After the earthquake and the tsunami, many people noted how apparently calmly the Japanese reacted. Amidst the worst disaster the country had experienced since the war, people did not look agitated or even very scared. And there was no looting, but a lot of moving scenes of people helping each other. Many attributed this to all the practical drills they have been through in a country that knows it will be struck by earthquakes from time to time. Others took a more “orientalist” view, as if it’s in their blood, or at least part of their zen-like spiritual culture.
A colleague who does research on Japan took a more cynical view. Why there’s no looting? Because there’s nothing left to loot! Modern scholars have been vaccinated against anything that smacks of orientalism, the view of “their” oriental mind as something completely different from “our” Western mind. Any belief in a cultural “essence” is frowned upon.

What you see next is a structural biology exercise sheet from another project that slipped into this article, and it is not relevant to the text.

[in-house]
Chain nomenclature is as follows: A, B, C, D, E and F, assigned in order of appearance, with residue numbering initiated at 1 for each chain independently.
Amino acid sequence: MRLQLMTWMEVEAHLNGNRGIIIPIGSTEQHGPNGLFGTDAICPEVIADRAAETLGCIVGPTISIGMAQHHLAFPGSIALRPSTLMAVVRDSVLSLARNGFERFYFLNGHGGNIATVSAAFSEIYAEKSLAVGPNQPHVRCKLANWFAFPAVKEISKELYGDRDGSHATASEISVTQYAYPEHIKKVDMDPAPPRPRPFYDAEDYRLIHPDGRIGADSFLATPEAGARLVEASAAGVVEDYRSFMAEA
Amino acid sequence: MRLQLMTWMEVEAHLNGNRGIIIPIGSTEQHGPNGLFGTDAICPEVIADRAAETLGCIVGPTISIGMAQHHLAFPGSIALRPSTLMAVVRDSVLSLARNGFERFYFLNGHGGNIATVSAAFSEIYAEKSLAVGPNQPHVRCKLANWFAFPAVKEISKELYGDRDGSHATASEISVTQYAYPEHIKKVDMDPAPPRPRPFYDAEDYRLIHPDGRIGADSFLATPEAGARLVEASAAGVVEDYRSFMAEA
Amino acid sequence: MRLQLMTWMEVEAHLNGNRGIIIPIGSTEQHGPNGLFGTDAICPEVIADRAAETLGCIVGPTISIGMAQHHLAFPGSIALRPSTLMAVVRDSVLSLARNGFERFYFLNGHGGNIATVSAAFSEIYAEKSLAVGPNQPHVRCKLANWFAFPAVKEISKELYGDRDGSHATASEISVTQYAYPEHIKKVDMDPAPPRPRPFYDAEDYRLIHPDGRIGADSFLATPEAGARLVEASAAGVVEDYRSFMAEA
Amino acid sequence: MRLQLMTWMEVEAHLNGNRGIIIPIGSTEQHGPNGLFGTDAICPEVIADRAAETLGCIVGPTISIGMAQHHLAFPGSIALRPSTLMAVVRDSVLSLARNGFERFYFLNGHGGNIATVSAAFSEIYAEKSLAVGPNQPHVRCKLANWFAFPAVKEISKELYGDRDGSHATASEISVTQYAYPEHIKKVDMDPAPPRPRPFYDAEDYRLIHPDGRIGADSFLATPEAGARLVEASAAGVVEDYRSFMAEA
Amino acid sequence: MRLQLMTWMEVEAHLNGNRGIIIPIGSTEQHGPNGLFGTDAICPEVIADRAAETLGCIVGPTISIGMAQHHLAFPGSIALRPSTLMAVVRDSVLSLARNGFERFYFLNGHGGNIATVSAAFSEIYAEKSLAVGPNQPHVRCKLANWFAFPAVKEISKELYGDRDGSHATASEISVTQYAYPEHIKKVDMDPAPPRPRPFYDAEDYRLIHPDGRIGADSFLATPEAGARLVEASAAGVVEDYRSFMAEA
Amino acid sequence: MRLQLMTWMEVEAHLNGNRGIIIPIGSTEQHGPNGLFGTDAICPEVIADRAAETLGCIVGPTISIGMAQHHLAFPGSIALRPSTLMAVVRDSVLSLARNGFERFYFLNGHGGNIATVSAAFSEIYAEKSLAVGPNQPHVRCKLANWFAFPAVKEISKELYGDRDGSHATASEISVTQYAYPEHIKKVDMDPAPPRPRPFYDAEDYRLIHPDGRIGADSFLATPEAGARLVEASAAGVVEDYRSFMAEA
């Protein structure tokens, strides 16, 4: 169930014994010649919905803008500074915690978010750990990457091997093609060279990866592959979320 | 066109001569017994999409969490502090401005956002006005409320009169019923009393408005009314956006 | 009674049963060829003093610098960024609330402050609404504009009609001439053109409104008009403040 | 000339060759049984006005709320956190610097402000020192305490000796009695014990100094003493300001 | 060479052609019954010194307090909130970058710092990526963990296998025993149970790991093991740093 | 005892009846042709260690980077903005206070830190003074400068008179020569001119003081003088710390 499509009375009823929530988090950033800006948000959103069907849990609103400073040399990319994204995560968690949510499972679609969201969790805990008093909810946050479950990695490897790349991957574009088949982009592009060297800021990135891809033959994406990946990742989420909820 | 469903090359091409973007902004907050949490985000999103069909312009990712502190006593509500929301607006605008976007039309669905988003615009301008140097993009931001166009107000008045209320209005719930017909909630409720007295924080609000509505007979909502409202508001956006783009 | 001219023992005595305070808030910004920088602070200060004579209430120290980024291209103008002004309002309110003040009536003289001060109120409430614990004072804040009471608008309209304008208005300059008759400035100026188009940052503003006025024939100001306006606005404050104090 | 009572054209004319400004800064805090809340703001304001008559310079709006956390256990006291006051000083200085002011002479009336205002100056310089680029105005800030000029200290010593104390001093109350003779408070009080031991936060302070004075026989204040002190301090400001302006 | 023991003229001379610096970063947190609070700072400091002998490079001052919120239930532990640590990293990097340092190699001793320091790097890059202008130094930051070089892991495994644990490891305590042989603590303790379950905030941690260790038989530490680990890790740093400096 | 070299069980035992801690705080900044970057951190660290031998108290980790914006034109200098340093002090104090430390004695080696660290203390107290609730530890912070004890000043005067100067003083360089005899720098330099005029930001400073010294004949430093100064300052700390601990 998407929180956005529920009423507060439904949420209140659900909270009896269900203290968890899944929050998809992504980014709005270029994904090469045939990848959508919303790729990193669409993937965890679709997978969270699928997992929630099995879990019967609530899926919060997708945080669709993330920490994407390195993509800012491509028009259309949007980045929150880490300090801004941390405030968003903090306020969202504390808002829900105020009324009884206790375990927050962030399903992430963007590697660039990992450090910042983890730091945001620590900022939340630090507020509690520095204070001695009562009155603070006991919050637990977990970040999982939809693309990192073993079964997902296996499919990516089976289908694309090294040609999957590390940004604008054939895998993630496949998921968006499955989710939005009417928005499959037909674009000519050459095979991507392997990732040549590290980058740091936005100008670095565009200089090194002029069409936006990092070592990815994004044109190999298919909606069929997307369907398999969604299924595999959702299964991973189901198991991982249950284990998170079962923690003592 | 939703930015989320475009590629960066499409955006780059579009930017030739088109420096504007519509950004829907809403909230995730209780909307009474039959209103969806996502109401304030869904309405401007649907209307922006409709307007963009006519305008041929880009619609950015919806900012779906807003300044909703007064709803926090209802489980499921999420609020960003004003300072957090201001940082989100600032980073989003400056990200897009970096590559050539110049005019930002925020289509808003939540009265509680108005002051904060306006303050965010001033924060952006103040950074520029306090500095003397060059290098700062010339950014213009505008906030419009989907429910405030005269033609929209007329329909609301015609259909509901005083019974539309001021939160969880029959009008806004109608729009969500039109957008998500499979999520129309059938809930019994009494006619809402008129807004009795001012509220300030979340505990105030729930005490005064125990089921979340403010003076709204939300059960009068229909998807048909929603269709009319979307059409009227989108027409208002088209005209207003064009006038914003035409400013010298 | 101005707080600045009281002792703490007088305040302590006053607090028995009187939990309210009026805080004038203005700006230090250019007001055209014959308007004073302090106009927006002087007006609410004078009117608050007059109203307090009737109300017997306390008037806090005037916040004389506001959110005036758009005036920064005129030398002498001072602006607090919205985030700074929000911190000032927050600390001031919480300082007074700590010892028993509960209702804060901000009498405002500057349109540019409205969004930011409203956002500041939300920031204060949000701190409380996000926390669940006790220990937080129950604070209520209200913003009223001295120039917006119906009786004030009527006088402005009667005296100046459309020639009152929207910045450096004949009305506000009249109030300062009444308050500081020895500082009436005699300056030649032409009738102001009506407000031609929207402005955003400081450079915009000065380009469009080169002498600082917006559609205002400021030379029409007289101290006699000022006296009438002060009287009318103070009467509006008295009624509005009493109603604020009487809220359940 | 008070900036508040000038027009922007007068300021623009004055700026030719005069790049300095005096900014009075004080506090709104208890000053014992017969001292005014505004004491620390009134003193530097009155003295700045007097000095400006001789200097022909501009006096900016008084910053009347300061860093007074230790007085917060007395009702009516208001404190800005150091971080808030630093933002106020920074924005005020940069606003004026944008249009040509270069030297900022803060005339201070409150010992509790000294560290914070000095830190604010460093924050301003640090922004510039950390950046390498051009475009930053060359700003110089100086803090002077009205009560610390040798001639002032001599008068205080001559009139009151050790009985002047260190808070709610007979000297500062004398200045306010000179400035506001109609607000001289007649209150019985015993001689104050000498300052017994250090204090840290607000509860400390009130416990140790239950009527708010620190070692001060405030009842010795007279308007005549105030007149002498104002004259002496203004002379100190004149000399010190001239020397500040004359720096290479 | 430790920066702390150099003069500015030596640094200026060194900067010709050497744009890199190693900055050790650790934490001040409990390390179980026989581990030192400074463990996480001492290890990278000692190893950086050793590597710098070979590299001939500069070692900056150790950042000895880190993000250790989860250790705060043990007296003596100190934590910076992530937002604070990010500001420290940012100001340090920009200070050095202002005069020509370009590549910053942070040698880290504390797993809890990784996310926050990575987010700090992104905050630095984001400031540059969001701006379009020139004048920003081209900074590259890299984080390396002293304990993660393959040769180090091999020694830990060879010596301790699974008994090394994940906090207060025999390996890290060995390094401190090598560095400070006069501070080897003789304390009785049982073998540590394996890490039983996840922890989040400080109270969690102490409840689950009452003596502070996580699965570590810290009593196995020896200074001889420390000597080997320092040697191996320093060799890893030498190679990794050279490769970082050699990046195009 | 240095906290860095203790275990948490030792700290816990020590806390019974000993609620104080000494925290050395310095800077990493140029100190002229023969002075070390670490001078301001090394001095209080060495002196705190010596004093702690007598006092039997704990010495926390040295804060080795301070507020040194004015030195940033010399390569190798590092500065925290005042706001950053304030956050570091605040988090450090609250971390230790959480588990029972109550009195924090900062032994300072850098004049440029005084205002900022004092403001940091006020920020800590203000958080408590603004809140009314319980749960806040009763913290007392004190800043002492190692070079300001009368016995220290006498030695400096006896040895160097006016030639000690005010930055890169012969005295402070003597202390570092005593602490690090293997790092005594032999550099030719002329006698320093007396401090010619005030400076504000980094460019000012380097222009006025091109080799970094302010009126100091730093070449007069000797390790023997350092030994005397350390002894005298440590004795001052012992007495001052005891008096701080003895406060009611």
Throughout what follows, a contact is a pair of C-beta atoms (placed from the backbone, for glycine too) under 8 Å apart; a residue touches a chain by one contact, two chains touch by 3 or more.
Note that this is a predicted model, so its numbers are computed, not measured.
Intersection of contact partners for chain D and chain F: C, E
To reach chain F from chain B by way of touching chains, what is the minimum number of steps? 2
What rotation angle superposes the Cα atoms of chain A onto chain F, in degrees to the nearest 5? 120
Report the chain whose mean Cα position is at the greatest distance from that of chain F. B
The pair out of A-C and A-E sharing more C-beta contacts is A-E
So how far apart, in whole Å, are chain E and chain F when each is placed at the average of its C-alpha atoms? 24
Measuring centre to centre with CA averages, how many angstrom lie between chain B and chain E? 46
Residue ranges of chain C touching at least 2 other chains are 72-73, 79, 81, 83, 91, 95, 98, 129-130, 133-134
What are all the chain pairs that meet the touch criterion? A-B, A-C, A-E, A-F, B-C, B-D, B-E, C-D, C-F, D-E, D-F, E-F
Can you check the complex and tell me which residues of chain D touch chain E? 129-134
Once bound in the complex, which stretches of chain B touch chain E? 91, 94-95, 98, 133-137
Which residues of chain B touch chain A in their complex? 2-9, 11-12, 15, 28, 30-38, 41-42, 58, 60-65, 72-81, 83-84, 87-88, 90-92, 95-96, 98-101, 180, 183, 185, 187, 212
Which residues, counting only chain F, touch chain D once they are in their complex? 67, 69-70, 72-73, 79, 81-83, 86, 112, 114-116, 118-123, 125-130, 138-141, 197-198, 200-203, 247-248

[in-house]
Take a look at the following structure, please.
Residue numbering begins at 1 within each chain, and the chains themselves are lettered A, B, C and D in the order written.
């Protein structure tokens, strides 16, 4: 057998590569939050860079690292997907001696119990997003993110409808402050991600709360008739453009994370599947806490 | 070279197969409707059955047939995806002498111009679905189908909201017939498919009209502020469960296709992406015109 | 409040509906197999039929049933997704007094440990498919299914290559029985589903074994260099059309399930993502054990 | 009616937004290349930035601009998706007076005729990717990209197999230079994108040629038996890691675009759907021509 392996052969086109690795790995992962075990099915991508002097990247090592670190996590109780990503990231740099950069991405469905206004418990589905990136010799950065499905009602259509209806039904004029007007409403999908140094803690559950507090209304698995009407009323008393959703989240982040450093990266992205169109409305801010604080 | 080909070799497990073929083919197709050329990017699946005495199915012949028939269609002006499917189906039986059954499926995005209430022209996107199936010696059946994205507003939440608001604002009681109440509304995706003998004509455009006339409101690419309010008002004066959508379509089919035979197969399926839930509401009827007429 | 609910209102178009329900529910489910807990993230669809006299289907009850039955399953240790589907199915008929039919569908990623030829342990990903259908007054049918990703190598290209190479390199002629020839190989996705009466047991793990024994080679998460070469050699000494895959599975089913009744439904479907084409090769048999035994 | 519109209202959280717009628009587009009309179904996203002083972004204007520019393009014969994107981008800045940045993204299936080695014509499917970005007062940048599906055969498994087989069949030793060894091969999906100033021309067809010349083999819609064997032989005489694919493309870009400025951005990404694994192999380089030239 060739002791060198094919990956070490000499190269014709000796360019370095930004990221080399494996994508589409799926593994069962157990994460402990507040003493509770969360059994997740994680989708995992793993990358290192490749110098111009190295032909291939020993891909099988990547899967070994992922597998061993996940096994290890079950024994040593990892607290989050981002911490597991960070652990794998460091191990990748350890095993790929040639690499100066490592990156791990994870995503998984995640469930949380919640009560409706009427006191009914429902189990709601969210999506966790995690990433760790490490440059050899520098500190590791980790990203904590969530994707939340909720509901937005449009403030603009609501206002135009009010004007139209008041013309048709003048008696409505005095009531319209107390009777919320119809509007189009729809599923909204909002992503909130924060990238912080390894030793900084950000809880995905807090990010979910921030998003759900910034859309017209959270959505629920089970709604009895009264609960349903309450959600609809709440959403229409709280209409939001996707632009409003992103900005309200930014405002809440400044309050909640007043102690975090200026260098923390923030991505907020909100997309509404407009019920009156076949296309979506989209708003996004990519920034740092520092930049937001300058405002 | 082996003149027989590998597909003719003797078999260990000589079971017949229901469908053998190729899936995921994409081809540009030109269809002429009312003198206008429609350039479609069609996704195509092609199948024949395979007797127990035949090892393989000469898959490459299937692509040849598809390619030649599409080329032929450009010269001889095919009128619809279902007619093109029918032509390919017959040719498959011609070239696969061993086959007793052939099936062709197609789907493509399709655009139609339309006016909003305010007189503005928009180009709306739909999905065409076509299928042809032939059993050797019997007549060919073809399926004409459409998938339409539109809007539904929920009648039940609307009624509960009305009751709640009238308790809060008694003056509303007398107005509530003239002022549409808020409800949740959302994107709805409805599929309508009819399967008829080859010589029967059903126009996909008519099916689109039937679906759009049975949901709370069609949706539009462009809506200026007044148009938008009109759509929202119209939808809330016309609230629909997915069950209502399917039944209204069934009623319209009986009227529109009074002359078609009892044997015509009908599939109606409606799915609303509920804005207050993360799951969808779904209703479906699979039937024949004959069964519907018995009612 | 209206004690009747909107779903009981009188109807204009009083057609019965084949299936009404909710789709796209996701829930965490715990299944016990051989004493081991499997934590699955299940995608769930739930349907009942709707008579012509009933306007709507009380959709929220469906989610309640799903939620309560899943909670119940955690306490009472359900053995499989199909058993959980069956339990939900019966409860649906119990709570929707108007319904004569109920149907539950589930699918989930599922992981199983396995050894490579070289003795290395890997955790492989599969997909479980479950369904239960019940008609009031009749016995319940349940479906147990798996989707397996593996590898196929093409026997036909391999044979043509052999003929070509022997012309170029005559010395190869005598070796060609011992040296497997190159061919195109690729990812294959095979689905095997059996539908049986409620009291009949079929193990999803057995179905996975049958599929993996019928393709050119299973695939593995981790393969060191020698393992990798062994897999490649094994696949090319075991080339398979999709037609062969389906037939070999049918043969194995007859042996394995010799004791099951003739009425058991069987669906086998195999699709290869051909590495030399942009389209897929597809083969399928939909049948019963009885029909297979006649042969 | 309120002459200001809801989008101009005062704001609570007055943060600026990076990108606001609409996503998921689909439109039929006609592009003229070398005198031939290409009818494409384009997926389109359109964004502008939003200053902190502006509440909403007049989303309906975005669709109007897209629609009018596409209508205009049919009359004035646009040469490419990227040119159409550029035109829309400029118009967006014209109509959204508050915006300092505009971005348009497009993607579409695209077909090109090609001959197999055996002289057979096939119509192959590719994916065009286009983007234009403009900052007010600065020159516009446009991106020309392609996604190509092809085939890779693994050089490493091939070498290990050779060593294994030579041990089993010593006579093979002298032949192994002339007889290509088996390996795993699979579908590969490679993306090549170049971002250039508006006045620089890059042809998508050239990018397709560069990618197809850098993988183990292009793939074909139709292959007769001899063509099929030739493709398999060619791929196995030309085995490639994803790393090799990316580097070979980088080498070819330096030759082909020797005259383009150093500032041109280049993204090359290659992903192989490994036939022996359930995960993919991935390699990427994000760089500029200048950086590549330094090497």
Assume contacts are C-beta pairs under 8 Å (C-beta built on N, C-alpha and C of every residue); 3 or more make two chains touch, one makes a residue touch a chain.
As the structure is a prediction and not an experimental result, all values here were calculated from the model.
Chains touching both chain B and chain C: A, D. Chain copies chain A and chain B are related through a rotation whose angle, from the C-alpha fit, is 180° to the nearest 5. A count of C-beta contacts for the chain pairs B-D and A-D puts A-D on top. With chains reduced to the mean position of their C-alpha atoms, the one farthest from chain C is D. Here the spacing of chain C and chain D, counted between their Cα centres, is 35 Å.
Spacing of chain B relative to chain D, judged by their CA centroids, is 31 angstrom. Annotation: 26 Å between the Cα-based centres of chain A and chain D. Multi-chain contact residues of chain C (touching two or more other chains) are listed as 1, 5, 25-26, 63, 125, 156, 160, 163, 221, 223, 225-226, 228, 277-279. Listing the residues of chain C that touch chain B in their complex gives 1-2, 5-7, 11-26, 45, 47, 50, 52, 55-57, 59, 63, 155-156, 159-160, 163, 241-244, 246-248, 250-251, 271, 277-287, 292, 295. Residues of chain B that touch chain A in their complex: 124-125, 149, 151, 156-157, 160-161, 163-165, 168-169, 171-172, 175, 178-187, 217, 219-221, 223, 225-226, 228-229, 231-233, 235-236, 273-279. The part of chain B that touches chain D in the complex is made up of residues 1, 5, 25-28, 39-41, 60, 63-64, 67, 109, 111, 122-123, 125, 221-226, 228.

I am not sure who is right. I am quite sure that the Japanese, even if many of them show a calm surface, have the same feelings of fear and perhaps anger and desperation that most of us would have had in such a situation. But is their apparent calm just a question of harsh, suppressive self-discipline, or is there a meditative or spiritual element in their attitude? Whatever the answer is, the current nuclear problems seem to put a little too much pressure on their controlled surface. People are beginning to express anger at the government and defying its recommended path of staying put and trusting that the nightmare will soon be over.